WHITE WATER RAFTING
  Rafting or white water rafting is a tough entertaining outdoor activity using an inflatable raft to navigate a river or other bodies of water. This is usually done on white water or different degrees of rough water, in order to thrill and excite the raft passengers. The development of this activity as a leisure sport has become popular since the mid-1970s. It is considered an extreme sport, as it can be dangerous.

Whte Water Rafts
The modern raft is an inflatable boat, consisting of very durable, multi-layered rubberized (hypalon) or vinyl fabrics (PVC) with several independent air chambers. The length varies between 3.5 metres and 6 metres, the width between 1.8 metres and 2.5 metres. The exception to this size rule is usually the pack raft, which is designed as a portable single-person raft and may be as small as 1.5 metres) long and weigh as little as 4 pounds. Rafts come in a few different forms. In Europe and Australasia, the most common is the regular raft steered with a paddle at the stern. Other types are the irregular, rudder-controlled raft and the regular raft with central helm (oars) or Stern Mounts with the oar frame located at the rear of the raft. Rafts are usually propelled with ordinary paddles and or oars and typically hold 4 to 12 persons. In Russia, rafts are often handmade and are often a catamaran style with two inflatable tubes attached to a frame. Pairs of paddlers navigate on these rafts. Catamaran style rafts have become popular in the western United States as well, but are typically rowed instead of paddled.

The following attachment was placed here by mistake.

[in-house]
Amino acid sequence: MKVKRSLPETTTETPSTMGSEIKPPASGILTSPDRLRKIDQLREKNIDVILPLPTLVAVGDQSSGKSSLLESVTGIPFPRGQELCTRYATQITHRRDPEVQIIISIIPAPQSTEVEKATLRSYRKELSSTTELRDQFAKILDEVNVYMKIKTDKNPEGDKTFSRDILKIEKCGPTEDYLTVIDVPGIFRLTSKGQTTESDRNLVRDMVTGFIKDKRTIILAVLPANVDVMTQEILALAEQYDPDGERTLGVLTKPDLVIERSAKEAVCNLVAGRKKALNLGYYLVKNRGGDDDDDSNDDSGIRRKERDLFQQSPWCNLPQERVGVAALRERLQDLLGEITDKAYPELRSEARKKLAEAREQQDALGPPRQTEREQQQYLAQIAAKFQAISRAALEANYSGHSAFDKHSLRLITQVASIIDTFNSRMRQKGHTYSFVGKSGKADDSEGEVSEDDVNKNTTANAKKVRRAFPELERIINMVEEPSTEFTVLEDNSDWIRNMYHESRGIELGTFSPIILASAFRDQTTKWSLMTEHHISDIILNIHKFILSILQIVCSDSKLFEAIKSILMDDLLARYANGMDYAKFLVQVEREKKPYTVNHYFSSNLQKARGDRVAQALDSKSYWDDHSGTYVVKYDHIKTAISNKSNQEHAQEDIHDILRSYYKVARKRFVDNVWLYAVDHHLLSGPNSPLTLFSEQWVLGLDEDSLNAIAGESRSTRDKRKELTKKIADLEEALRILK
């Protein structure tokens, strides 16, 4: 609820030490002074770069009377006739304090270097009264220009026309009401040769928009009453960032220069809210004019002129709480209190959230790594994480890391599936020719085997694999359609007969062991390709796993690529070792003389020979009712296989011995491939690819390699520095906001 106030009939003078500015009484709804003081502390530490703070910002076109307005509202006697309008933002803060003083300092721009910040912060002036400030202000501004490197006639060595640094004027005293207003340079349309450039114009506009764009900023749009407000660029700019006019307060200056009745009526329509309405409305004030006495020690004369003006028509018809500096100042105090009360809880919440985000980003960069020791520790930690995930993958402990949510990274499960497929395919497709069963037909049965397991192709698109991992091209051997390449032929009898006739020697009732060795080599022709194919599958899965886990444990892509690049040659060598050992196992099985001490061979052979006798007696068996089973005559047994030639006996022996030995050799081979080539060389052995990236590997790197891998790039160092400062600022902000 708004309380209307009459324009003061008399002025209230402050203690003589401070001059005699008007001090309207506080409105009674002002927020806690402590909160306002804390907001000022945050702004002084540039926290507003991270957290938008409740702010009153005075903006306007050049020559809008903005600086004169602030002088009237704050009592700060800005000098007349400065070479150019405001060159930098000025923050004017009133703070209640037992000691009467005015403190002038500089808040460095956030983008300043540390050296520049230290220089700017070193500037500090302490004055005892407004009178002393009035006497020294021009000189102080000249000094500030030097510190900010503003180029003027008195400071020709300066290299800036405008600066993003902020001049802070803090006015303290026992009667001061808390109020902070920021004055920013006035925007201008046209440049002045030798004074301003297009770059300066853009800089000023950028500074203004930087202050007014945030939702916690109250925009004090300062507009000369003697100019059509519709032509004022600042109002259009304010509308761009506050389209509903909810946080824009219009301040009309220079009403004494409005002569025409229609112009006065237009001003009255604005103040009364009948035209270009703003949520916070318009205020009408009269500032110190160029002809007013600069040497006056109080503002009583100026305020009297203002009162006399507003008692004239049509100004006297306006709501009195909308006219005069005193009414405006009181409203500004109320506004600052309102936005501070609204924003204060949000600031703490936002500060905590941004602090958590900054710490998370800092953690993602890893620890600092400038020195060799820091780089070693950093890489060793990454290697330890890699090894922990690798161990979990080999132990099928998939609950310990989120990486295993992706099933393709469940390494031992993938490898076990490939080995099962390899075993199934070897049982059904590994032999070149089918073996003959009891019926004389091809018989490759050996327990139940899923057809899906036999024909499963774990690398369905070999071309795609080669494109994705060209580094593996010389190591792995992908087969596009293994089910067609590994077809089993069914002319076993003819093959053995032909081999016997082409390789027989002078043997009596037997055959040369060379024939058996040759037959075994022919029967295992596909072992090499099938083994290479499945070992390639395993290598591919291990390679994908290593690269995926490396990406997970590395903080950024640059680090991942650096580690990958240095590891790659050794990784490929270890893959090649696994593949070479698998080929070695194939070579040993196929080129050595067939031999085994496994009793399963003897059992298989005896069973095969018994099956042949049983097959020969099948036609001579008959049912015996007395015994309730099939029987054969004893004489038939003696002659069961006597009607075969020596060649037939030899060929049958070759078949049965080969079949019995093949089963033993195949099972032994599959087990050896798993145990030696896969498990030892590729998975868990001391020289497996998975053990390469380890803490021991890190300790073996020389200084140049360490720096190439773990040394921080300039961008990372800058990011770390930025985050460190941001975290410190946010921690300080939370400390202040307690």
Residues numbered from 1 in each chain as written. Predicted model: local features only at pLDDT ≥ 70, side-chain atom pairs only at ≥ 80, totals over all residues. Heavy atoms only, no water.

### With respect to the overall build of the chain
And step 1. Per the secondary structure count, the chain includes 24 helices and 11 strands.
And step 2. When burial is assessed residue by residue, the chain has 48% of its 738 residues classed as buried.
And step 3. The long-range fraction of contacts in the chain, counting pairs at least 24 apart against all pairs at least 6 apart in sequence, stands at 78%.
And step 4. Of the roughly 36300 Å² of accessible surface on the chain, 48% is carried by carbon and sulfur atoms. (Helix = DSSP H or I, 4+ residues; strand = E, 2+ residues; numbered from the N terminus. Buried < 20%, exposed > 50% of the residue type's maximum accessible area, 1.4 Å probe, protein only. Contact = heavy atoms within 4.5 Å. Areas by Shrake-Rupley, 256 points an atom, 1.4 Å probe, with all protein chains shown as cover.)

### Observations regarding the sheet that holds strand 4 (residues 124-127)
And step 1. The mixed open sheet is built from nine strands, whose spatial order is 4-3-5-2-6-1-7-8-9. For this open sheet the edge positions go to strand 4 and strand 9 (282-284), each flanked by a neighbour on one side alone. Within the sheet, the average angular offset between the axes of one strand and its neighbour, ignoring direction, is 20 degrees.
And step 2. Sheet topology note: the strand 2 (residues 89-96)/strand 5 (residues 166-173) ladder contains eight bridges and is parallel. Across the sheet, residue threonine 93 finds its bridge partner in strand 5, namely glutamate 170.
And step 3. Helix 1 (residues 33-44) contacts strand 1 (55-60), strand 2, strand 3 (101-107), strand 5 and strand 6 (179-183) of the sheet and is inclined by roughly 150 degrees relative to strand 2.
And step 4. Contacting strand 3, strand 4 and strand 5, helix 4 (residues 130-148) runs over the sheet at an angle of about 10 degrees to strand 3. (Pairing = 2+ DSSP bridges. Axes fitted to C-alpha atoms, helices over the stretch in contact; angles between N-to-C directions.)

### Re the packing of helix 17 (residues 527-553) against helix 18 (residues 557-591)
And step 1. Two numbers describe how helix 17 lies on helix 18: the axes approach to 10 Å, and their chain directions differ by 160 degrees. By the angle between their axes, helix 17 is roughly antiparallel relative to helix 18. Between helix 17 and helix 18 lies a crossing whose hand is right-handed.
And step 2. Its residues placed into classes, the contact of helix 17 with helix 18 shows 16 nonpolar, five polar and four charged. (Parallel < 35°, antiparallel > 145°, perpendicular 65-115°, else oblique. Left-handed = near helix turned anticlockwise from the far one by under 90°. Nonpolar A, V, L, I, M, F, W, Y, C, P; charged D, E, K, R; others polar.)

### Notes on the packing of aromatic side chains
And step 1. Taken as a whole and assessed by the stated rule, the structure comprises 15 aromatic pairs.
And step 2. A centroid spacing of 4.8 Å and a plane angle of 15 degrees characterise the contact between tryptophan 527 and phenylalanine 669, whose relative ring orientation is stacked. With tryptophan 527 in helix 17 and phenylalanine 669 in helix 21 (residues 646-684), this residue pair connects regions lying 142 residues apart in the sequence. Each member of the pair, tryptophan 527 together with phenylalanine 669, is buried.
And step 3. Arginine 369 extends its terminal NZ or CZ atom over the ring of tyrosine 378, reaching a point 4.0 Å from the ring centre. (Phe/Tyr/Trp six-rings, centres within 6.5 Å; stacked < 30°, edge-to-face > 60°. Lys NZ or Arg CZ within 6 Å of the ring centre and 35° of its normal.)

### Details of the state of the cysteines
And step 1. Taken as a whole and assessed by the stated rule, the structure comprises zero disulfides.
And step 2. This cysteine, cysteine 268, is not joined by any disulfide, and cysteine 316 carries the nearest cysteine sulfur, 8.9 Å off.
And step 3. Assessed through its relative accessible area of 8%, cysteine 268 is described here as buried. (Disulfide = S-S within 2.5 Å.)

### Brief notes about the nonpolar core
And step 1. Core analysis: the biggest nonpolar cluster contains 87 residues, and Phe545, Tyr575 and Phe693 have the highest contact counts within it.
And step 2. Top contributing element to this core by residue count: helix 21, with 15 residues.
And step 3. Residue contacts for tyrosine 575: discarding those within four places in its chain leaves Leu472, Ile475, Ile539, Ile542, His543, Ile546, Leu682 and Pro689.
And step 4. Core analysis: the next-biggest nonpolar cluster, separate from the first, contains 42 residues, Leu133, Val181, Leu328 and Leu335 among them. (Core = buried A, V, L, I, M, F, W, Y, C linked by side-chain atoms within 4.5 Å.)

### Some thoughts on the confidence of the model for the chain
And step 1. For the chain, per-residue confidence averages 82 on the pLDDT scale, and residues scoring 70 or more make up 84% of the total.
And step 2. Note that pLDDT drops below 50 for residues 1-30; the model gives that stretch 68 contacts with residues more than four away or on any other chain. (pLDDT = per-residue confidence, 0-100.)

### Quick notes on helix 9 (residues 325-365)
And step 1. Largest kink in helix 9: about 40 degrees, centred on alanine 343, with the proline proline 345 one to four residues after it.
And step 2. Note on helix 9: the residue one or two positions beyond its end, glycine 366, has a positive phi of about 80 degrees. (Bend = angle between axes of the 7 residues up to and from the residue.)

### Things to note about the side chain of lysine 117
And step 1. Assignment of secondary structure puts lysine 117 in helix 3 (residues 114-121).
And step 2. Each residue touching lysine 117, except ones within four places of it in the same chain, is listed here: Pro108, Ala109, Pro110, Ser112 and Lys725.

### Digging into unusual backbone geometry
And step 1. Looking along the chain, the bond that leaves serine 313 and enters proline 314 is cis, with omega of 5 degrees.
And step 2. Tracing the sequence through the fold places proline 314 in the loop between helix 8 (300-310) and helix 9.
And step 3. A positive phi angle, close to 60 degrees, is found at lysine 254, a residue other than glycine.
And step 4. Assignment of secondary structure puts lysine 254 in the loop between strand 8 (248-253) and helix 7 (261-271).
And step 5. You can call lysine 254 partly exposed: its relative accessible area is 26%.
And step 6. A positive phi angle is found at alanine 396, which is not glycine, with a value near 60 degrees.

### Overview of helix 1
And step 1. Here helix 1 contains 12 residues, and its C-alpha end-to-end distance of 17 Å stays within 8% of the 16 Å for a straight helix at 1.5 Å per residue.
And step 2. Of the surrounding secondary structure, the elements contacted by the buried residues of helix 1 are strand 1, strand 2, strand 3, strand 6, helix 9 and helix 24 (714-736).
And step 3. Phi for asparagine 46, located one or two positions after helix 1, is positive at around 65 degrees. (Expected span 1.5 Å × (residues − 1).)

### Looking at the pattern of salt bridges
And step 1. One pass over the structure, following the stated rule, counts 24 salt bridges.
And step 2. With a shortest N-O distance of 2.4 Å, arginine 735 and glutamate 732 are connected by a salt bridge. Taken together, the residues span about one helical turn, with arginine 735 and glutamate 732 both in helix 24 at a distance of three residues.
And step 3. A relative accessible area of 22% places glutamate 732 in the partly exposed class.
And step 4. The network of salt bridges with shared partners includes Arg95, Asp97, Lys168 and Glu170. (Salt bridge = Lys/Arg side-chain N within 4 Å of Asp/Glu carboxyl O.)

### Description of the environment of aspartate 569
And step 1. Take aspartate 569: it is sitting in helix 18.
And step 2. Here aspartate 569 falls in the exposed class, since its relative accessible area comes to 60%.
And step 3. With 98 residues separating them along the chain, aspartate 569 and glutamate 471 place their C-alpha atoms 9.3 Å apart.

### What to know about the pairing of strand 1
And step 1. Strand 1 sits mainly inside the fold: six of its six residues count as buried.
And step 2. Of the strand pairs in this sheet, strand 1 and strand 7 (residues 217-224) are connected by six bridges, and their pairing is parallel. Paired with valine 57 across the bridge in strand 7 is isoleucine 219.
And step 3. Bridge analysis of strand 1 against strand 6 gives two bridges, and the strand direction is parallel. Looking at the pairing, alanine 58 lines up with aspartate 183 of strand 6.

Grades of White Water
Below are the six grades of difficulty in white water rafting. They range from simple to very dangerous and potential death or serious injuries.

Grade 1: Very small rough areas might require slight manoeuvring. (Skill Level: Very Basic)

Grade 2: Some rough water, maybe some rocks, might require some manoeuvring. (Skill level: basic paddling skill)

Grade 3: White-water, small waves, maybe a small drop, but no great danger. May require significant manoeuvring. (Skill level: Experienced paddling skills)

Grade 4: White-water, medium waves, maybe rocks, maybe a huge drop, sharp manoeuvres may be needed. (Skill level: white-water experience)

Grade 5: White-water, large waves, large volume, possibility of large rocks and hazards, possibility of a large drop, requires precise manoeuvring. (Skill level: advanced white-water experience)

  Grade 6: Class 6 rapids are considered to be so dangerous as to be in actual fact unnavigable on a reliably safe basis. Rafters can expect to encounter substantial white-water, huge waves, huge rocks and hazards, and/or substantial drops that will impart severe impacts beyond the structural capacities and impact ratings of almost all rafting equipment. Traversing a Class 6 rapid has a dramatically increased likelihood of ending in serious injury or death compared to lesser classes.
(Skill level: successful completion of a Class 6 rapid without serious injury or death is widely considered to be a matter of great luck or extreme skill)
Rafts in white-water are very different vehicles than canoes or kayaks and have their own specific techniques to manoeuvre through white-water obstacles.

From Wikipedia, the free encyclopaedia
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